“Step Five:  Creating an Organizational Plan.” The Writing Center.  Portland State University, 2007.  Web. 19 Jan 2011. writingcenter.pdx.edu/resources/guide/step05.php.

Step Nine:  Checking Your Use of Research.”  The Writing Center.  Portland State University, 2007.  Web. 19 Jan 2011. writingcenter.pdx.edu/resources/guide/step09.php.

Step Seven:  Expanding and Improving Ideas.”  The Writing Center.  Portland State University, 2007.  Web. 19 Jan 2011. writingcenter.pdx.edu/resources/guide/step07.php.

“Step Ten:  Checking Final Details.” The Writing Center.  Portland State University, 2007.  Web. 19 Jan 2011. writingcenter.pdx.edu/resources/guide/step10.php.

“Subject Specific Resources.” Purdue Online Writing Lab.  Purdue University, 2011.  Web. 20 Jan 2011. owl.english.purdue.edu/owl/section/4/.

The University of Chicago.  The Chicago Manual of Style Online, 2010..  Web. 20 Jan 2011.  www.chicagomanualofstyle.org/home.html.

“Thesis Statements.” The Writing Center.  University of North Carolina at Chapel Hill, 2007.  Web. 19 Jan 2011.  www.unc.edu/depts/wcweb/handouts/thesis.html.

“SUNY Adirondack CRW Guides and Handbooks.”  The Center for Reading and Writing.  SUNY Adirondack, 2011.  Web. 20 Jan 2011.  http://libguides.sunyacc.edu/content.php?pid=47858&sid=1008451

“Ten Tips for ESL Tutorials.”  The Writing Center.  University of North Carolina at Chapel Hill, 2007.  Web. 19 Jan 2011.  http://writingcenter.unc.edu/handouts/transitions-esl/.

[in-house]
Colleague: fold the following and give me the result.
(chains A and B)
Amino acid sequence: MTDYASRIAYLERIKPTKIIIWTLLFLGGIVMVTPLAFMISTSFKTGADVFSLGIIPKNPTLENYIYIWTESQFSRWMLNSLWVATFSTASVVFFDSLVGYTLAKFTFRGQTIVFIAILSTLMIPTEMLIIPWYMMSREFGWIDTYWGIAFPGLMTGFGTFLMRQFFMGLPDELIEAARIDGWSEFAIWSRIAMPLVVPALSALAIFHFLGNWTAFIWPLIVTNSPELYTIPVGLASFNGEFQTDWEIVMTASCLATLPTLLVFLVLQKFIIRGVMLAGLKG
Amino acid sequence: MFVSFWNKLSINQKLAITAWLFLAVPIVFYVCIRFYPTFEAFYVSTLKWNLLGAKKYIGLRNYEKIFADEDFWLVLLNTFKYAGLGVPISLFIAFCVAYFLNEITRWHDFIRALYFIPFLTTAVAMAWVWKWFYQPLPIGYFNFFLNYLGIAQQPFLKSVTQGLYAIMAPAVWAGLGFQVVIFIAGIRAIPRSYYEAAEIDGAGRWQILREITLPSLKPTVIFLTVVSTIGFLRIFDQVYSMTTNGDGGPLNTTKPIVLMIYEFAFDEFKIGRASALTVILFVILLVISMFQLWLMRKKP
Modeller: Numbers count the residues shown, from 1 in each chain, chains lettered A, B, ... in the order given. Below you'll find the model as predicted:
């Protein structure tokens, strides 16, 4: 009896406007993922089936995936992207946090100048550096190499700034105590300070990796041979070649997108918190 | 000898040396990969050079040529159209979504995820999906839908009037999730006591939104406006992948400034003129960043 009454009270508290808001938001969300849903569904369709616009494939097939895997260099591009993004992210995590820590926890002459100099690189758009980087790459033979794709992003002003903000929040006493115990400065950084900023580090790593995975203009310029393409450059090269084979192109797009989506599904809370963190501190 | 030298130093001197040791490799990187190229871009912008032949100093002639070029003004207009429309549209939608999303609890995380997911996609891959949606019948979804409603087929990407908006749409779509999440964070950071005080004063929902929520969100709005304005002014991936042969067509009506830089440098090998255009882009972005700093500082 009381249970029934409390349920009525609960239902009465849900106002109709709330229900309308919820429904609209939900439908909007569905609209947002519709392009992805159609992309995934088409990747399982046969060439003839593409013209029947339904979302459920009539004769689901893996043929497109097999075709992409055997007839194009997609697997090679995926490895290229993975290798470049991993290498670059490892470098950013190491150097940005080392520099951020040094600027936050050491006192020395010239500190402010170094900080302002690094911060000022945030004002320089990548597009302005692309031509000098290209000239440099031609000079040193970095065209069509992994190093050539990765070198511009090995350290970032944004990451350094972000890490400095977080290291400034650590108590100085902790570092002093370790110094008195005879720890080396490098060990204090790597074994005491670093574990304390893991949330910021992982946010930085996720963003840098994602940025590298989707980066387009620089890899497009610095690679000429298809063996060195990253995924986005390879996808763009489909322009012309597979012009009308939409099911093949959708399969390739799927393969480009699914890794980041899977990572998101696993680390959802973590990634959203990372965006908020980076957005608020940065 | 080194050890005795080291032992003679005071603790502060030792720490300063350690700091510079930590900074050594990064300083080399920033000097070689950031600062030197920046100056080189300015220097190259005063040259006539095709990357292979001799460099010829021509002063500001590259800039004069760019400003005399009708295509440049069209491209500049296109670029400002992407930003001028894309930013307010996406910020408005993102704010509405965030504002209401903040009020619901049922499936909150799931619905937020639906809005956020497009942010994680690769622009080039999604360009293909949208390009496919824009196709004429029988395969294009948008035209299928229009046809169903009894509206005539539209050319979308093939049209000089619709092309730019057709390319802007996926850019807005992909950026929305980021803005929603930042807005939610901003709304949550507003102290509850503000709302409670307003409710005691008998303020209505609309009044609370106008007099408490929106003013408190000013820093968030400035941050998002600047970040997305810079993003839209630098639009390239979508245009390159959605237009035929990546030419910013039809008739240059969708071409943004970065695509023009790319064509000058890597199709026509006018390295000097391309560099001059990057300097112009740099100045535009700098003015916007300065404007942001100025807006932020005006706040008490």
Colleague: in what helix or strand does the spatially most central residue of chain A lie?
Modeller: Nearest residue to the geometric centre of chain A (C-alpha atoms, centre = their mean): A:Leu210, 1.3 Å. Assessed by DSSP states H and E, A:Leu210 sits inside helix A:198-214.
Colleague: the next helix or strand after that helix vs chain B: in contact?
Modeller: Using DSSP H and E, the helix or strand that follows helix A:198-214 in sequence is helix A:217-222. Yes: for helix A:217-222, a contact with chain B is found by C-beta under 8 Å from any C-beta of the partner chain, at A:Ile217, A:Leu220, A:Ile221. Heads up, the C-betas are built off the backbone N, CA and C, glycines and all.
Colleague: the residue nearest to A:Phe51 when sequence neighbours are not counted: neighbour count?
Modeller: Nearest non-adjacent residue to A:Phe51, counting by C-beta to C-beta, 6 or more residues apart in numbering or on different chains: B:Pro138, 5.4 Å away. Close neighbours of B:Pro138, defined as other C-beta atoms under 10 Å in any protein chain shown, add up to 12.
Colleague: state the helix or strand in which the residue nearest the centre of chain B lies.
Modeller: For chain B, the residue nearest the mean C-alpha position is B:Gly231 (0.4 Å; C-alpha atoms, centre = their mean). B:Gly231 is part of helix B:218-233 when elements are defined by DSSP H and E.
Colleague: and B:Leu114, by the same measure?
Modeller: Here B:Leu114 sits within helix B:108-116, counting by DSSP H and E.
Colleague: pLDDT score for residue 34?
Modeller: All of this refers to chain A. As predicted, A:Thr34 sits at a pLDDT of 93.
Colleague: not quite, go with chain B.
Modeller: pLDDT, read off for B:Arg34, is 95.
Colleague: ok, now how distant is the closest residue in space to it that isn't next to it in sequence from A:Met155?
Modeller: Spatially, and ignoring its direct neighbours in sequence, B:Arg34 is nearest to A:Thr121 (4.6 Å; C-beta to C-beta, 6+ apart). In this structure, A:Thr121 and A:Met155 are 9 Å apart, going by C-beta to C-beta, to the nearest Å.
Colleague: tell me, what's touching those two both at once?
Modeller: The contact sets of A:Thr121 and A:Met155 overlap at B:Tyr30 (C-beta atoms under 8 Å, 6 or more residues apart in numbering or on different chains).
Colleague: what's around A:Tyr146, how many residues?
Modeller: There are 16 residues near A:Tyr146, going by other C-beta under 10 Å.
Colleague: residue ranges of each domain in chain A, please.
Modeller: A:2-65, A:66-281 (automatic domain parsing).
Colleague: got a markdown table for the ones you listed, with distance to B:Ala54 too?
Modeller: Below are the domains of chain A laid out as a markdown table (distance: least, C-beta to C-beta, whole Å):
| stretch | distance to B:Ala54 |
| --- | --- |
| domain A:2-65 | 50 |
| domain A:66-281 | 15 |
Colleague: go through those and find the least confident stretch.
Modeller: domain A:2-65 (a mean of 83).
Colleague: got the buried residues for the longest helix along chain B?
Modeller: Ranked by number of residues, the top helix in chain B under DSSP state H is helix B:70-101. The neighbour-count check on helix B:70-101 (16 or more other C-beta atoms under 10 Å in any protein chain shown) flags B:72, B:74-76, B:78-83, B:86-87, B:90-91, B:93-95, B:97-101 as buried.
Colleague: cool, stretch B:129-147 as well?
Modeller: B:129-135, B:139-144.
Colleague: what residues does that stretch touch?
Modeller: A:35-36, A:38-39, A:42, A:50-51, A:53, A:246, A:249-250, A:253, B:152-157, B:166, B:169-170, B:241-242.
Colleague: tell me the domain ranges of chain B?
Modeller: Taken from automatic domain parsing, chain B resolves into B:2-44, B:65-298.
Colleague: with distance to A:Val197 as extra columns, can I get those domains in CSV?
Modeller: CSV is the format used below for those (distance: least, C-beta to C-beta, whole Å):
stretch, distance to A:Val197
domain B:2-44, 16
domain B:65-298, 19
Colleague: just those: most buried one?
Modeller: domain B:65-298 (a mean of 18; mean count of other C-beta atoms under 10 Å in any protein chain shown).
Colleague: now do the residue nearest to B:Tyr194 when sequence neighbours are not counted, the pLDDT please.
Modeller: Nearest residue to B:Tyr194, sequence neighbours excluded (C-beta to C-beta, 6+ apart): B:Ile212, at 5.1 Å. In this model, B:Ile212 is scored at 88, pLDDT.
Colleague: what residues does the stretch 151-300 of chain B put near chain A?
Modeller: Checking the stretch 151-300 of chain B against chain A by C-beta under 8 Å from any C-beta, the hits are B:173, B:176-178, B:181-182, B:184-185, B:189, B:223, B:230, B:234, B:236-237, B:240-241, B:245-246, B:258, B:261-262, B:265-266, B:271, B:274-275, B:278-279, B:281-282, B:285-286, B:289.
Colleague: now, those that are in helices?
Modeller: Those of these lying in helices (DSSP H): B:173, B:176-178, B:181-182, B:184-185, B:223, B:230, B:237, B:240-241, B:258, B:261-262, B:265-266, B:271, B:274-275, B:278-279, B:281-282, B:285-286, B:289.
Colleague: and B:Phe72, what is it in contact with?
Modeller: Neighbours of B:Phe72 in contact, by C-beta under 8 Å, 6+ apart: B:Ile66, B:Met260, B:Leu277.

Toledo, Cheri.  “‘Does Your Dog Bite?’  Creating Good Questions for Online Discussions.”  International Journal of Teaching and Learning in Higher Education 18.2 (2006) n.pag. Web 20 Jan 2011. http://www.isetl.org/ijtlhe/.

“Toulmin Demonstration.”  Writing@CSU.  Colorado State University, 2011.  Web. 19 Jan 2011.  writing.colostate.edu/guides/reading/toulmin/pop2f.cfm

“Word Choice.” The Writing Center.  University of North Carolina at Chapel Hill, 2007.  Web. 19 Jan 2011.  http://writingcenter.unc.edu/handouts/word-choice/.

“Writing Concisely.”  The Writing Center.  University of North Carolina at Chapel Hill, 2007.  Web. 19 Jan 2011.  http://writingcenter.unc.edu/handouts/writing-concisely/

“Writing Conclusions.” Writing Center.  Troy University, 2010.  Web. 19 Jan 2011. http://trojan.troy.edu/writingcenter/process.html.